- This proposed test methodology provides a means to measure the response of layered materials, products and assemblies, when exposed to controlled levels of radiant heating, with or without an external ignitor, including their propensity of leading to a pool fire.
- This test method is used to determine the ignitability, heat release rate (including peak heat release rate and total heat released), mass loss rate, effective heat of combustion, visible smoke development, time to release of liquid products (generated by melting and pyrolysis), time to burn-through and time to bottom ignition (i.e., appearance of flaming on the bottom surface of the specimen).
- Ignitability, heat release rate, effective heat of combustion, mass loss rate and smoke development are measured using the test method and procedure in Test Method E1354.
- Propensity of leading to a pool fire is quantified by measuring the time from initial exposure to the time at which liquid products are first observed on the bottom surface of the specimen. The time at which liquid products are first observed on the bottom surface of the specimen is a conservative estimate of the time required to generate a pool fire.
- Propensity of leading to bottom ignition is quantified by measuring the time from initial exposure to the time at which flaming is first observed on the bottom of the specimen.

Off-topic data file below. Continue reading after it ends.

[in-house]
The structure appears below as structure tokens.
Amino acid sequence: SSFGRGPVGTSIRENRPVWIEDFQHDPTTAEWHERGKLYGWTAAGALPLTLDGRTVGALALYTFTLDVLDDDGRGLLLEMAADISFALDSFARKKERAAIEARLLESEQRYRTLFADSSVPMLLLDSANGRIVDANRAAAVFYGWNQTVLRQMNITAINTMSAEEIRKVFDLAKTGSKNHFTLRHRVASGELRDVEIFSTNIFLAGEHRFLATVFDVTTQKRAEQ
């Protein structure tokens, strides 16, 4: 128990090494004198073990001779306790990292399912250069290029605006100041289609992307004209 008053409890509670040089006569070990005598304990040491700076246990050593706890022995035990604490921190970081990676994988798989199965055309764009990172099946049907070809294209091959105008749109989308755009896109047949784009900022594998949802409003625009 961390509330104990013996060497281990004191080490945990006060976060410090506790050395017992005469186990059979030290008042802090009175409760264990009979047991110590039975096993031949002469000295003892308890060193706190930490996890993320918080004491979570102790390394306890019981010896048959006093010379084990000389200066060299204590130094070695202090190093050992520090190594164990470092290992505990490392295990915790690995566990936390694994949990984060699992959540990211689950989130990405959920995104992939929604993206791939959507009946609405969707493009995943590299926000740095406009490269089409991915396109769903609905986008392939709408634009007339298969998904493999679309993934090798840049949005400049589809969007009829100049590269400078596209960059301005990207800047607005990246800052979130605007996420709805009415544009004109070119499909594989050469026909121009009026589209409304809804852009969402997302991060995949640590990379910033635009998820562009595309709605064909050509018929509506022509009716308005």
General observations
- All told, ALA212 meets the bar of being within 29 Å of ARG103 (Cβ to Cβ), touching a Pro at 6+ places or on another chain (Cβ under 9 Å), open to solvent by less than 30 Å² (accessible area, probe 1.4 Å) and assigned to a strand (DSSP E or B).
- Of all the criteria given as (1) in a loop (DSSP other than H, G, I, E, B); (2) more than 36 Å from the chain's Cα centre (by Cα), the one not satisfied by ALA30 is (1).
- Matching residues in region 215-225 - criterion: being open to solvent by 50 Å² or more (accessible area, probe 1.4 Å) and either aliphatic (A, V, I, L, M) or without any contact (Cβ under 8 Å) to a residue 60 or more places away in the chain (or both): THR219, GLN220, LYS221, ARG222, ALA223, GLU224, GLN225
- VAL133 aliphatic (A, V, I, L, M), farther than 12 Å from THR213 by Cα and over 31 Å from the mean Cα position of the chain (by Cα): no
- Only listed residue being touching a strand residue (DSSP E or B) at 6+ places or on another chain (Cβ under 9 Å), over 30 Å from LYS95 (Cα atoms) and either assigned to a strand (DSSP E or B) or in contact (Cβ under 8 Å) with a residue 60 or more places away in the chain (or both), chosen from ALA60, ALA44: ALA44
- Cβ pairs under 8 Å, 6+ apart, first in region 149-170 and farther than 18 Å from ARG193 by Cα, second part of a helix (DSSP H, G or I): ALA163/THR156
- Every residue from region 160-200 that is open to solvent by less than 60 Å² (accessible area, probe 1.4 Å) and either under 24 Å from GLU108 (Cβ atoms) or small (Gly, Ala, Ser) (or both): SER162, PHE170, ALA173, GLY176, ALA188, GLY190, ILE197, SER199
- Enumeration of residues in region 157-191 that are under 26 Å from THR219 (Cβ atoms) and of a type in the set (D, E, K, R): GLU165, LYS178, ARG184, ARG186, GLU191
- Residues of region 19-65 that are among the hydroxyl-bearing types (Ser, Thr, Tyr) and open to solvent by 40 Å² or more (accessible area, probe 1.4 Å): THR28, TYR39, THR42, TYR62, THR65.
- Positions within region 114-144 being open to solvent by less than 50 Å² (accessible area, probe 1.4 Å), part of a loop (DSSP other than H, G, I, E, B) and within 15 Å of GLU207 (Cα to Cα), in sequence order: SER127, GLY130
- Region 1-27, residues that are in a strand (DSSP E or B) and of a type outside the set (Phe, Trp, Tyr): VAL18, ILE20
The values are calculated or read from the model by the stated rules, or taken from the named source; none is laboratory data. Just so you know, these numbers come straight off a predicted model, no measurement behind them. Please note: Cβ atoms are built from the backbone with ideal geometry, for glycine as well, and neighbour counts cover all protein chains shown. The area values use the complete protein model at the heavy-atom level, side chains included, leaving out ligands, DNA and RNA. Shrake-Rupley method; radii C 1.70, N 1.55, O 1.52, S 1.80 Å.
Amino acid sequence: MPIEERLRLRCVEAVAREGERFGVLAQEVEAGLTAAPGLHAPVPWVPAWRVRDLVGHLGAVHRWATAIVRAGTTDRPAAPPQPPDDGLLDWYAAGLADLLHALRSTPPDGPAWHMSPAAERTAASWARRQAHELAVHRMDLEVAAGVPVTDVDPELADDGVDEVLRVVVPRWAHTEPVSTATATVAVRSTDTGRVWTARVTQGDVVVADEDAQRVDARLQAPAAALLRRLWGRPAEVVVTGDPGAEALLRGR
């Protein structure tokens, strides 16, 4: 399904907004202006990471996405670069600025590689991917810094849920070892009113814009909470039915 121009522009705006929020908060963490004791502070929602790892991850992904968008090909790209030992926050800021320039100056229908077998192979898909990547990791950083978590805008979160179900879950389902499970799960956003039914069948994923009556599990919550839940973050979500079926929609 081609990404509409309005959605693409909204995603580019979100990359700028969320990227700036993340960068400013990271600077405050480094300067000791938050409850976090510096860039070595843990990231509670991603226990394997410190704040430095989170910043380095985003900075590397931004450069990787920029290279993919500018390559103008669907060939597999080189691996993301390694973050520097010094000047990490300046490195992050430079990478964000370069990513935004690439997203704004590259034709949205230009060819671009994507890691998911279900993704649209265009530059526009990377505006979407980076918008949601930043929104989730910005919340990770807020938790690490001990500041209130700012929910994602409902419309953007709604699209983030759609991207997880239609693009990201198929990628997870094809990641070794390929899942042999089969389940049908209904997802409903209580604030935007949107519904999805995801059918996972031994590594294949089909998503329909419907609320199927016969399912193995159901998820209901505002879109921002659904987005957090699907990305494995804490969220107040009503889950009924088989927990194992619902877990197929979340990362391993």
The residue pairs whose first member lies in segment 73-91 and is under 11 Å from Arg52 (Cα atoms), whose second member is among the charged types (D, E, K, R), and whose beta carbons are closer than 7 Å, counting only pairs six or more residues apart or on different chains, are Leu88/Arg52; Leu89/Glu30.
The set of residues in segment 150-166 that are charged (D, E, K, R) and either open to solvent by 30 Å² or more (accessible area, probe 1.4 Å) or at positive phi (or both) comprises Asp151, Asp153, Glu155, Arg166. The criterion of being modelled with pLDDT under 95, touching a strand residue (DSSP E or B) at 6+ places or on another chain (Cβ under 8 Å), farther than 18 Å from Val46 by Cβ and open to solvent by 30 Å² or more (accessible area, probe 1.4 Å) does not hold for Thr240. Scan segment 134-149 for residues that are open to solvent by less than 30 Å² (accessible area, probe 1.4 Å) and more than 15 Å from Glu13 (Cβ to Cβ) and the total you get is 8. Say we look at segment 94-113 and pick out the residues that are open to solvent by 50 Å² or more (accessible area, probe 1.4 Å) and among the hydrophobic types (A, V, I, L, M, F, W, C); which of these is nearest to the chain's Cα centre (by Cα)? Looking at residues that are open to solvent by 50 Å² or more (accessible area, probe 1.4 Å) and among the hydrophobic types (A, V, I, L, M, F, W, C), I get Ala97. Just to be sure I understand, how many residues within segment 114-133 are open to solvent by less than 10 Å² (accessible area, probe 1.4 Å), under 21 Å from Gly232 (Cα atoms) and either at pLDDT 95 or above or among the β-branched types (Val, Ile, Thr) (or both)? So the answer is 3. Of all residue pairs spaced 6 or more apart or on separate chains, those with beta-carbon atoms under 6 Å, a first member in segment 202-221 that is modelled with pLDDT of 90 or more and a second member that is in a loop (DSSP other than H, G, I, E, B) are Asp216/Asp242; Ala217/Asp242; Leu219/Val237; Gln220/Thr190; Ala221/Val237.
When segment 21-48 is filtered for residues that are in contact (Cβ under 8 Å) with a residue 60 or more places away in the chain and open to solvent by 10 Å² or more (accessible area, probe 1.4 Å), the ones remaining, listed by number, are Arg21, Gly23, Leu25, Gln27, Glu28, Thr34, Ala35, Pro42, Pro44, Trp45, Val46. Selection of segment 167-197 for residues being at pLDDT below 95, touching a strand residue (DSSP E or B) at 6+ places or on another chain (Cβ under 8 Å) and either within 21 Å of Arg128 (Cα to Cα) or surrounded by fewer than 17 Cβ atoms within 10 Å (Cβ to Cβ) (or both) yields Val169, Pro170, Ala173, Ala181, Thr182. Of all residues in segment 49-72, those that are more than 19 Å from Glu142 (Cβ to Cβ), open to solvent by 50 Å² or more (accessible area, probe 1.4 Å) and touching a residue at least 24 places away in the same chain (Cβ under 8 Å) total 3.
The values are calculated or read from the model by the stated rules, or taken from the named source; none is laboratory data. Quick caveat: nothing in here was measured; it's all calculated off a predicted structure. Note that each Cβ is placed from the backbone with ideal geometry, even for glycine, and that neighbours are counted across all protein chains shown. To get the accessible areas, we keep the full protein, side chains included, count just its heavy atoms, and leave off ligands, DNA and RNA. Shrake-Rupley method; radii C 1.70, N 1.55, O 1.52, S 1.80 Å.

- The top side of the specimens shall be exposed to an initial test heat flux of 0 to 75 kW/m2. External ignition, if any, shall be by electric spark.
- This draft test method has been developed for use to evaluate the fire test response characteristics of layered assemblies. It is also potentially useful for mathematical modeling, material or product design purposes, and research and development.
- This draft test method focuses on horizontally oriented specimens however, similar principles apply also to vertical assemblies.
Oxygen consumption calorimetry; heat release rate; pool fire; ignitability; burn-trough
This draft standard yields additional information to cone calorimetry, not provided by E1354, including: (a) appearance of liquid products (generated by either melting or pyrolysis of the specimen) over the bottom surface of the specimen, (b) dripping of liquid products and consequent pool formation underneath the specimen, (c) appearance of flaming over the bottom surface of the specimen or the liquid pool (pool fire), (d) formation of a hole connecting the top to the bottom of the specimen (burn-through). These additional data have been proved to be useful to predict the full-scale performance of multi-layered products containing fire barriers.
The title and scope are in draft form and are under development within this